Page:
Jasmine Rand, an attorney specialising in Civil Rights matters and the international legal strategist for the George Floyd legal team added, “We look to East Africa for support and leadership as we fight systemic racism in America. In Tanzania, Julius Nyere once stated that only evil that can ‘make the colour of a man’s skin the criteria for granting him civil rights’. In Kenya, Mau Mau freedom fighters fought to end the evil of white supremacy and colonization. In Ethiopia we have no response, yet. In America, we continue to fight that evil today as the voices of the masses of African descendants proclaim to our nation: Black Lives Matter.”
The George Floyd legal team is looking for advocates and activists in Ethiopia to push for systemic reform in America. Also, the African Union is being asked to pressure the United States Government to cease and desist from the systemic racism and police brutality resulting in the murder of African Americans, and to adopt a 12-point plan for reform of policing.
More than 100 prominent African writers signed a statement demanding that American legal institutions address police violence. The writers also asked African governments to “offer refuge, homes, and citizenship in the name of pan-Africanism” to those who choose it. The African Union Commission condemned the murders, and a group of African countries led by Burkina Faso pushed the United Nations Human Rights Council to hold a debate on racism and police brutality.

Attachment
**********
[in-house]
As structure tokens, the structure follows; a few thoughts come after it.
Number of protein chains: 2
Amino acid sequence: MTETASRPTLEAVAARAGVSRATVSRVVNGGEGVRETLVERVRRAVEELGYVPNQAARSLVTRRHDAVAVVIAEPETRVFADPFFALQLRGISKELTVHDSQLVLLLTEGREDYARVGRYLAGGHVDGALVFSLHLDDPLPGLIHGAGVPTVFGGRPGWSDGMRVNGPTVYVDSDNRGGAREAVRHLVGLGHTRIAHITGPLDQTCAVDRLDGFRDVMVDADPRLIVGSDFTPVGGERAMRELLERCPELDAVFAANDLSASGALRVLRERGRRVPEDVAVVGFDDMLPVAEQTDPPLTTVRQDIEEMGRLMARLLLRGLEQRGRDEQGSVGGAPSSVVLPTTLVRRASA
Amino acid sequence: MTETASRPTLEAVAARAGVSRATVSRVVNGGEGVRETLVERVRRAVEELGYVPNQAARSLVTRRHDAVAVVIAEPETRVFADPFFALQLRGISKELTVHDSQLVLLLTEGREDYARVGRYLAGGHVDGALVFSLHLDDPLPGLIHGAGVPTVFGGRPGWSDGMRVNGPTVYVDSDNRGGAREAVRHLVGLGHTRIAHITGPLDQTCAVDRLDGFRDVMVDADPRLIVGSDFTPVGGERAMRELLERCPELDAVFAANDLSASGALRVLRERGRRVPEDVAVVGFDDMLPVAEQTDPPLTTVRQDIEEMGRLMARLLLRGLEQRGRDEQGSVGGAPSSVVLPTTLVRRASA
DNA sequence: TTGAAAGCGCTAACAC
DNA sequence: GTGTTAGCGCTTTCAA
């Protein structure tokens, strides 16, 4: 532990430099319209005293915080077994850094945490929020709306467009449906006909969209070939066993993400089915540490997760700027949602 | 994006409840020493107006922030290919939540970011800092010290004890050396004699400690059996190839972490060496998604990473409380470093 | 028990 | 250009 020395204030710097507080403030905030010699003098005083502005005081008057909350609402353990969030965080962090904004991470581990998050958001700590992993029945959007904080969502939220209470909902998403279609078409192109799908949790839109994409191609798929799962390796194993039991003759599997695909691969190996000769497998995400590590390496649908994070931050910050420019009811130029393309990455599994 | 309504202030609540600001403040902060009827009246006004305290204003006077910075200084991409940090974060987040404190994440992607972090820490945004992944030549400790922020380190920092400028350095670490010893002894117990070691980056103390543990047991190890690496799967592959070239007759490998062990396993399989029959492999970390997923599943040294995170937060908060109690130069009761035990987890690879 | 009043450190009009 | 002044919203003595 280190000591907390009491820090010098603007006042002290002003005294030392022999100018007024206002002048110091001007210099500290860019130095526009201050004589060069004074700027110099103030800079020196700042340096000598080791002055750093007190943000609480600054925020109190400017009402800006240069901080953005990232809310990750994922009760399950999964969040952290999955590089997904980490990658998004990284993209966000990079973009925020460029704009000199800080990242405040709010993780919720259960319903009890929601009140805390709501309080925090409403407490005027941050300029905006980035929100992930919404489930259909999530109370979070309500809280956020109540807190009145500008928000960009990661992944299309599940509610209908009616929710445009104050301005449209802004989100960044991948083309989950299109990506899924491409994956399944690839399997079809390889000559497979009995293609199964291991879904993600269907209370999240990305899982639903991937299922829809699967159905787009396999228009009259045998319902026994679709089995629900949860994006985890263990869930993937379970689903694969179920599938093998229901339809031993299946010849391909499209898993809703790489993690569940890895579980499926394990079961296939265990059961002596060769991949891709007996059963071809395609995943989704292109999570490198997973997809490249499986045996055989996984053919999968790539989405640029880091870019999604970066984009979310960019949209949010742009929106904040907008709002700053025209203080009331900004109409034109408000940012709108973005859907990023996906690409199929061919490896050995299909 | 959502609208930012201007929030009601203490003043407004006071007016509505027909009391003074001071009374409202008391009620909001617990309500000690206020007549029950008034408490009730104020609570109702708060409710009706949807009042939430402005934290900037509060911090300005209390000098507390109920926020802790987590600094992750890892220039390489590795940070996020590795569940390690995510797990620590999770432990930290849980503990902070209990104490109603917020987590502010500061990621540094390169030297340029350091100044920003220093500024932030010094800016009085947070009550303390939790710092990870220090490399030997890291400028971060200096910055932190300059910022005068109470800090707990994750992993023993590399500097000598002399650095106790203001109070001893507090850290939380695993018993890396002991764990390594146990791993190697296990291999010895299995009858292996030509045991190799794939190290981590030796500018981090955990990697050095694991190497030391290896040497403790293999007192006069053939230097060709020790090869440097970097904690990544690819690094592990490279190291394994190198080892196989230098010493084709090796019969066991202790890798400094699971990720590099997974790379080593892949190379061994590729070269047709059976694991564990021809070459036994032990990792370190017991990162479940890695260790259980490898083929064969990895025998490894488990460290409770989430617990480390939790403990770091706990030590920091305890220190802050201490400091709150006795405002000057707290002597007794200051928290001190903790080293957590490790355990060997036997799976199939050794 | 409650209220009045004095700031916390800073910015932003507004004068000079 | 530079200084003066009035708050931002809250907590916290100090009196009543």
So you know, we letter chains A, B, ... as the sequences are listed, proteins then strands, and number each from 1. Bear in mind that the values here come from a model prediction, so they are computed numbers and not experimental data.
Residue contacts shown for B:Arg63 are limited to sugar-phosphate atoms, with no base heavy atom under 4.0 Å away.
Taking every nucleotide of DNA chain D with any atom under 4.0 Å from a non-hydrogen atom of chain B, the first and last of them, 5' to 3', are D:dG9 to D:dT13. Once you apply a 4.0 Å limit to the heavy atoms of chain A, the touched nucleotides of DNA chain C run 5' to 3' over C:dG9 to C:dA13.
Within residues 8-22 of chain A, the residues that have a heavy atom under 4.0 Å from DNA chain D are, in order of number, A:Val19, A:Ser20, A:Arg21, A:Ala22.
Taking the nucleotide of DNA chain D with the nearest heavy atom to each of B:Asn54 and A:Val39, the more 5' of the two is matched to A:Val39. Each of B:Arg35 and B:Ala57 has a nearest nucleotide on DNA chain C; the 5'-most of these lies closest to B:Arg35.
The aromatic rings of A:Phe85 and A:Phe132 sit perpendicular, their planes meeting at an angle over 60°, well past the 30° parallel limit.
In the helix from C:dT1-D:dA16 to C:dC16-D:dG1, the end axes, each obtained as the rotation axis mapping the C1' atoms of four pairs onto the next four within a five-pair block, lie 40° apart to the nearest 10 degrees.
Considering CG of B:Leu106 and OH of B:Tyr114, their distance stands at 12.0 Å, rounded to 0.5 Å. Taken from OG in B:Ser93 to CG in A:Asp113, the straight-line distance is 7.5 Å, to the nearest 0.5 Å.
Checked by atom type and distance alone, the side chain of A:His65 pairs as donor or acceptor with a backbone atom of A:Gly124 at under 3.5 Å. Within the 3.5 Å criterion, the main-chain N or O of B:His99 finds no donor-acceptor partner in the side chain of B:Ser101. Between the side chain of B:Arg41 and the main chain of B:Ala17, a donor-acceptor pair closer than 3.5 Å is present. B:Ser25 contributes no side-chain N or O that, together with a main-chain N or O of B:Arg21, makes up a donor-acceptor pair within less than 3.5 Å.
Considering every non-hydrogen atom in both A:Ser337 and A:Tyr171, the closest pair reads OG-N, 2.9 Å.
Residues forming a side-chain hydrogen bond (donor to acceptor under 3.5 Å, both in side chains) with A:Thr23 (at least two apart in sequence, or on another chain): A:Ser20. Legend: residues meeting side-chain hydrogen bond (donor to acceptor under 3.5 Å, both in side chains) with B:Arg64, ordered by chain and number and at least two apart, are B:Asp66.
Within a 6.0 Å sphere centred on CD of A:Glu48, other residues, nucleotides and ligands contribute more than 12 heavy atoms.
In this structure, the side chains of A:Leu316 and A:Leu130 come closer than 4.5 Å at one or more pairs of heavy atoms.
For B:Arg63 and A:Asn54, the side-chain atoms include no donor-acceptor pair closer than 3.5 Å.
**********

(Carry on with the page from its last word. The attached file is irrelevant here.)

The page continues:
We Ethiopian-American must accept that even if we choose to live in isolation within our community, in reality, our children cannot escape the brutality of the police once they leave the isolated communities in which they were born and grow up.
The fact is, there is a wider America outside of these enclaves of ethnic communities, populated by black, white and brown people where the struggle for racial justice continues. The Ethiopian-American community cannot afford to remain apart from this greater struggle.
“Talking about race with you your children is not racist. It’s important! Avoiding these discussions has negative consequences for your Ethiopian-American children who might face police brutality on the street, which is the reality of black boys and girls in the USA.”